#HumansofACBX Spotlight
Capoeira is community. And the people who form this community are often deeply touched by the learnings of Capoeira. In this light, we created a social media campaign #humansofacbx to showcase the lessons learned as expressed by some of our students and the impact Capoeira has had on them. Additionally, for families and supporters of ACBX to learn more about the faces we see actively engaged with the work of ABADA-Capoeira Bronx. 

NADRA “GRADUADA BAIXINHA” BASKETTNadra "Graduada Baixinha Baskett , photo Jennifer Sanchez, ABADA-Capoeira Bronx ACBX
Nadra, ‘Graduada Baixinha’, works closely with our kids at the studio and is part of our Board of Directors. She is one of our most committed people and one Professor Coco’s very first students. Without further ado, Baixinha:

My “government name” given to me by my parents is Nadra, my apelido (Capoeira nick name) is Baixinha which means shorty in Brazilian Portuguese. My apelido is a very important part of my Capoeira identity. I live in Westchester where I work with young people with disabilities. I come to the city to practice Capoeira, workout and socialize. ACBX is truly my second family and we often have other Capoeira and non-Capoeira related functions in our beautiful studio (though most things eminently lead to Capoeira).

I first heard about Capoeira in a magazine article that heralded Capoeira as a wonderful workout craze. I was looking for a way to spice up my workout routine and due to the fact that I did gymnastics in high school, I felt Capoeira would be a great fit for me. It took me many years to find a Capoeira school in traveling distance that would fit my schedule. I finally found one where I trained for about a year and a half. My instructor then stopped teaching and I met Prof. Coco at a local gym. For months, it was just Prof Coco and I in class. Eventually, the group began to grow and the capoeira family began to form.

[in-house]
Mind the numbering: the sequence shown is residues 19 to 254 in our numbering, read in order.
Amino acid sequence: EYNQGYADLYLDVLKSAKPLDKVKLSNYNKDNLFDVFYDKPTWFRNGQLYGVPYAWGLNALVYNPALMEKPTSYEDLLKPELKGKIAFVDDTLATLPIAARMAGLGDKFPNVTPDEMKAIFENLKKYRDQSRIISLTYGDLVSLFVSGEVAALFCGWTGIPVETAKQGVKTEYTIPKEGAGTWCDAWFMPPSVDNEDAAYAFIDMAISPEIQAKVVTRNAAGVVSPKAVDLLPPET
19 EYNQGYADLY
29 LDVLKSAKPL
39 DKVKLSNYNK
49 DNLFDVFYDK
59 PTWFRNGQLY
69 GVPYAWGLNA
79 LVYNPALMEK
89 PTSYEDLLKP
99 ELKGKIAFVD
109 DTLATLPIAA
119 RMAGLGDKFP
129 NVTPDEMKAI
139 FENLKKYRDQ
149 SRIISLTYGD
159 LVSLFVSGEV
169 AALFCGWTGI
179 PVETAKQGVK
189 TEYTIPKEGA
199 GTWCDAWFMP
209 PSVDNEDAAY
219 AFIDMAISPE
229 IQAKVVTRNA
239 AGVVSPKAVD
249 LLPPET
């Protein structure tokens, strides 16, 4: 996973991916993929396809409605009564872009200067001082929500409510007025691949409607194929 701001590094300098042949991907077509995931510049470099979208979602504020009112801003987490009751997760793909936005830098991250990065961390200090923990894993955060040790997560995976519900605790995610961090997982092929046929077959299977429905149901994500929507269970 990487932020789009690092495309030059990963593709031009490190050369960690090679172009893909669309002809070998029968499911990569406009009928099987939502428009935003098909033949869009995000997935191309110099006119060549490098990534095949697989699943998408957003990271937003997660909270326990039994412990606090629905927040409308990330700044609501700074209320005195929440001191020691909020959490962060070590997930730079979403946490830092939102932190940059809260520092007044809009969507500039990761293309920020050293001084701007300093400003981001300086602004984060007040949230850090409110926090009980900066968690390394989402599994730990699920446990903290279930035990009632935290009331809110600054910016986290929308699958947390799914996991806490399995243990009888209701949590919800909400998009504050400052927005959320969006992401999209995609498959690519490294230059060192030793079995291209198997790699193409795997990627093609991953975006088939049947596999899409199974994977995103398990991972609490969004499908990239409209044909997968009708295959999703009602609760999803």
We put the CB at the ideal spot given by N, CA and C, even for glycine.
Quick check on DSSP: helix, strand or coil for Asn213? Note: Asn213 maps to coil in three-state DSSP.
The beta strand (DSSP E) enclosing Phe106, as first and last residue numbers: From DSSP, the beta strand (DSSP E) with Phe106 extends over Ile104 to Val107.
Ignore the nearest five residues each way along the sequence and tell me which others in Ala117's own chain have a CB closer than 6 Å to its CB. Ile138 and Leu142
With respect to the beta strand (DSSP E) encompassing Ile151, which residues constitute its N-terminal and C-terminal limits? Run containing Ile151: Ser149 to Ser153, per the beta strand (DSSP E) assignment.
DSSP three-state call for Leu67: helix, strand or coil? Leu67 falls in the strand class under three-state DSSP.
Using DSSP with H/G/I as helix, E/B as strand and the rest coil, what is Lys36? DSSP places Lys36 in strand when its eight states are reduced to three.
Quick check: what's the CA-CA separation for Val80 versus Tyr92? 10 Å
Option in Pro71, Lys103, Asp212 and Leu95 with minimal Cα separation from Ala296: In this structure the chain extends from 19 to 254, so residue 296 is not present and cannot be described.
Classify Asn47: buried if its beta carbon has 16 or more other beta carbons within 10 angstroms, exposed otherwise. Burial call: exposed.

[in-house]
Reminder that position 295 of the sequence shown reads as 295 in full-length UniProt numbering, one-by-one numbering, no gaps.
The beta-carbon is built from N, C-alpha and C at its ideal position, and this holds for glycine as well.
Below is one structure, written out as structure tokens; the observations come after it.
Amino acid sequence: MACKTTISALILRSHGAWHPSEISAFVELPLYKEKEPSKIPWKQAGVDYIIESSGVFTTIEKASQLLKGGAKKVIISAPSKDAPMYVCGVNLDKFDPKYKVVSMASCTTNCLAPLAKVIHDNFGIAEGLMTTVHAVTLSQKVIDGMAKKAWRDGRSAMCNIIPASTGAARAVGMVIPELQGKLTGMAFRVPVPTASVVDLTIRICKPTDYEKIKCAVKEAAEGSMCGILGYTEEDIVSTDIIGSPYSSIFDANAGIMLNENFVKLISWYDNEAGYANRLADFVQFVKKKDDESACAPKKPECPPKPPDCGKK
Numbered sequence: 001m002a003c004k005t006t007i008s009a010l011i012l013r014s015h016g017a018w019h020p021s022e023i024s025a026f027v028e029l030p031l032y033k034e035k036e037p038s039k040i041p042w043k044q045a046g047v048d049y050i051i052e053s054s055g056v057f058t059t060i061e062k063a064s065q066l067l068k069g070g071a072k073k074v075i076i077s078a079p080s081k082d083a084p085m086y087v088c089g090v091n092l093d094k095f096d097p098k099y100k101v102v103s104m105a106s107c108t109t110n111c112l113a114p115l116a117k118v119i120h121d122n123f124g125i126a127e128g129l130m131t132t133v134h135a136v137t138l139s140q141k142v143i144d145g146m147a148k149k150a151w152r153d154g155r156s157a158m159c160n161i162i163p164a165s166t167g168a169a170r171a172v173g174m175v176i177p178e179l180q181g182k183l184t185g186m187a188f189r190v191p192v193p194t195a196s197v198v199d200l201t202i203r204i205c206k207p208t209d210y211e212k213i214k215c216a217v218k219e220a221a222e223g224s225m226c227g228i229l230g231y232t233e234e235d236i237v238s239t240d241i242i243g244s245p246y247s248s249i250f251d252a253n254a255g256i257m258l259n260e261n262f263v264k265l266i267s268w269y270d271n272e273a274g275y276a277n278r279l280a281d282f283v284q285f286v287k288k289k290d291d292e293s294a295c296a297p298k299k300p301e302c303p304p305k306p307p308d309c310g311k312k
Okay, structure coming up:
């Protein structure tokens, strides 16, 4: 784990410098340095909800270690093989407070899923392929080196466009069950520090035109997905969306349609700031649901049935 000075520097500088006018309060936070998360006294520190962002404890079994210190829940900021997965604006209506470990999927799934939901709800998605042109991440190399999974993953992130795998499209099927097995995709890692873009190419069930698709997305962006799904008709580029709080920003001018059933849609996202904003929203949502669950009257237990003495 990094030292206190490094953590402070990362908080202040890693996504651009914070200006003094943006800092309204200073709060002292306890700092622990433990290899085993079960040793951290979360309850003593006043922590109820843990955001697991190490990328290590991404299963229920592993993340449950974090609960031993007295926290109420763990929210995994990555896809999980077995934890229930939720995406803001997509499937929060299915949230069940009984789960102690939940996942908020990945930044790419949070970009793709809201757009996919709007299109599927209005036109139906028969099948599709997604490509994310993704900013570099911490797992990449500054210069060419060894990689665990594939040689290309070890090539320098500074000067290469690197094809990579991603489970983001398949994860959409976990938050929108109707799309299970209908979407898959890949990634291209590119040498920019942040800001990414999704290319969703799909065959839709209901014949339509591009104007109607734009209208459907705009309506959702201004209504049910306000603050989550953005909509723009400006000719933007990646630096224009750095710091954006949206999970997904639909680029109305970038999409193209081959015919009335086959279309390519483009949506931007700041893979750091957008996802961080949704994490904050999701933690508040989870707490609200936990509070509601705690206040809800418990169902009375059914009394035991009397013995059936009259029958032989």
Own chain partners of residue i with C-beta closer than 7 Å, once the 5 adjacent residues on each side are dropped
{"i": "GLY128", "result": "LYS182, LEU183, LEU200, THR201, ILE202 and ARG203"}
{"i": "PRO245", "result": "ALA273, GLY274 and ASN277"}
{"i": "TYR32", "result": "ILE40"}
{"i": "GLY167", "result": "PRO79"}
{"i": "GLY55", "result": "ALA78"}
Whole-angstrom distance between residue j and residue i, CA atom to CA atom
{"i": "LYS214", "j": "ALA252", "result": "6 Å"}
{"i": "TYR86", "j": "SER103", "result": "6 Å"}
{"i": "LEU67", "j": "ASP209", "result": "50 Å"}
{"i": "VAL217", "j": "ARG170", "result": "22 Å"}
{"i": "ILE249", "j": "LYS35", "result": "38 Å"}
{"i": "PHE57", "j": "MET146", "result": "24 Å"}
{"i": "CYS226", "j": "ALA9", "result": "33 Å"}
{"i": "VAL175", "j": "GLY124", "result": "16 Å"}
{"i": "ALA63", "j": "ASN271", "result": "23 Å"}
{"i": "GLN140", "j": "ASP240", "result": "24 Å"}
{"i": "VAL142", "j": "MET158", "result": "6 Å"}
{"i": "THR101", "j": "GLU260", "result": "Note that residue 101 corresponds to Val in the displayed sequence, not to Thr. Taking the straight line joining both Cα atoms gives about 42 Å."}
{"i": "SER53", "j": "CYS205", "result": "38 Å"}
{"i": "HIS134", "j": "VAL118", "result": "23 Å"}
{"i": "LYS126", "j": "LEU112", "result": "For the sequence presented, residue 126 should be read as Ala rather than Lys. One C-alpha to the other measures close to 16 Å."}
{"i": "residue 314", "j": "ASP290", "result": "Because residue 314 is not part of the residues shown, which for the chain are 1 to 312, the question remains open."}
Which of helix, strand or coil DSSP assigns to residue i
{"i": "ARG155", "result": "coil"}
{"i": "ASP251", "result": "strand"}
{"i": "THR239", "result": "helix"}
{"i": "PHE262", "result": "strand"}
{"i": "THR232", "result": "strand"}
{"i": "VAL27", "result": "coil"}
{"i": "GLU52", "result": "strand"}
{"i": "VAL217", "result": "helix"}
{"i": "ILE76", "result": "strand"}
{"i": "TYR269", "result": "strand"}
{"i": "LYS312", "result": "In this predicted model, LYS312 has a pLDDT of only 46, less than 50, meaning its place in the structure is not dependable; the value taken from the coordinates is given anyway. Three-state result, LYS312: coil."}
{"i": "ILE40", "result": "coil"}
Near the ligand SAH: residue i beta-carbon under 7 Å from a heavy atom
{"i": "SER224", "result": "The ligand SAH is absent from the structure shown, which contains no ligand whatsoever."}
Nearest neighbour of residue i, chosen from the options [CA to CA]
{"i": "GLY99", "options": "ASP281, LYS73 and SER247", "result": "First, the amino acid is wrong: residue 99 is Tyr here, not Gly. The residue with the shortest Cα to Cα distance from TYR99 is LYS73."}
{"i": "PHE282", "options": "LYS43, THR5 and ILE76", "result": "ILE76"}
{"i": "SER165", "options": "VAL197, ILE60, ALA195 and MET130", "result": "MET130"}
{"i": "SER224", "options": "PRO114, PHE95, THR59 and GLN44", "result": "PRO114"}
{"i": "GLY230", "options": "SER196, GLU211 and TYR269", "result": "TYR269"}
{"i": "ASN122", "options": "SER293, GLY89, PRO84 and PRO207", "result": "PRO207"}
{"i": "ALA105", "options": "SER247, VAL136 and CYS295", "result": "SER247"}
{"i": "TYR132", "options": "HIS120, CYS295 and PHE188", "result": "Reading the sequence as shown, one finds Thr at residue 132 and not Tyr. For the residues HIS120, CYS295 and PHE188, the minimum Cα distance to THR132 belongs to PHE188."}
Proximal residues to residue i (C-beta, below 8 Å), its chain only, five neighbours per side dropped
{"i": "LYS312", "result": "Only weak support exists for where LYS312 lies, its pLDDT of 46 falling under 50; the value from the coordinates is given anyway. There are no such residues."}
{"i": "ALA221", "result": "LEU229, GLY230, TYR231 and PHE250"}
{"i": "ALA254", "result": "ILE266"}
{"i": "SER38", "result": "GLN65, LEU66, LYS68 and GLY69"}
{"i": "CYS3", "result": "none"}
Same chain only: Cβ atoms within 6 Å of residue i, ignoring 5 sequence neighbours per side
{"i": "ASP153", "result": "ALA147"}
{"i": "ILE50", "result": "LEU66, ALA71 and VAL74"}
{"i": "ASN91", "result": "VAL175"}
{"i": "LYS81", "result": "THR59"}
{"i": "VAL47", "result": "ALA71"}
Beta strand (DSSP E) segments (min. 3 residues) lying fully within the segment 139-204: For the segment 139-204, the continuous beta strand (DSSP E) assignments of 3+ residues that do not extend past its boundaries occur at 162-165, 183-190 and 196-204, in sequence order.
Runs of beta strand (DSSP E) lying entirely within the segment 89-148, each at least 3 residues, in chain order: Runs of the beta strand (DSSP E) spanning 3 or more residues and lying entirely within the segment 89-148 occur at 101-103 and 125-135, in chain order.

Capoeira is a way of life for the Capoeirista. Once you begin your Capoeira Journey, it colors every aspect of your life. The Capoeira philosophy becomes a guide to how you approach life challenges.
There is a well-known saying in Capoeira that, “Not everyone is for Capoeira but, Capoeira is for everyone.” To me that means that, regardless of what you perceive your physical and/or mental limitations to be, if you have the desire, Capoeira has something to offer you. This is the message I hope to share with every and anyone who has even a curiosity regarding capoeira.

The hardest and most important lesson Capoeira has taught me is to never underestimate anyone, especially myself.

We ♥️ you and appreciate you Baixinha🙏


“My name is Anja, my capoeira apellido is Pimenta, which means ‘pepper’ and I am an alumna at ACBX.Anja "Pimenta" Cabrera with Mestre Joao Grande, ABADA-Capoeira Bronx ACBX
I am a college student, majoring in the Arts & Design field, and a part time youth coach at a rock climbing gym. If I‘m not training, working, or at work I’m usually out in nature, hiking, rock climbing, or adventuring with my dog. Which is how I came across ACBX in 2017.

I had already come across that big CAPOEIRA banner back in 2013, that was outside of a church, but never occur to me to just go inside. It wasn’t until the summer of 2017, while walking my dog, that I saw that big CAPOEIRA sign again, and this time I made sure to go inside. If I only knew, that all I had to do to start this journey early was to go inside that church, I would’ve met my ACBX family earlier.”

Could you describe why you think capoeira is so important?

“I think it’s important because it is history, philosophy, art, poetry, a whole culture carried down, since the 16th century. We are playing a game, started by Afro Brazilian slaves. Learning and playing afro indigenous instruments. Understanding and singing songs in Portuguese. I mean, it’s culture being carried down.

Capoeira reminds me how to control and balance myself, during a game and in my everyday life. From balancing my handstands, to balancing a healthy way of living. I have become less timid, it has given me the confidence of playing in a roda, in front of an audience to having the confidence of speaking/teaching a class. It’s a challenge my cardio as well as my creative thinking. I try to go by what I learn in a roda, and try to apply it to my everyday life.

What I hope to impart is the essence of capoeira. The earthly way of making instruments. As well as the respect, discipline and responsibility you learn in this martial arts form.”

Best lesson learned from capoeira?
“Play with soul, not your emotions. And it’s not about talent but the consistency and dedication you put behind it.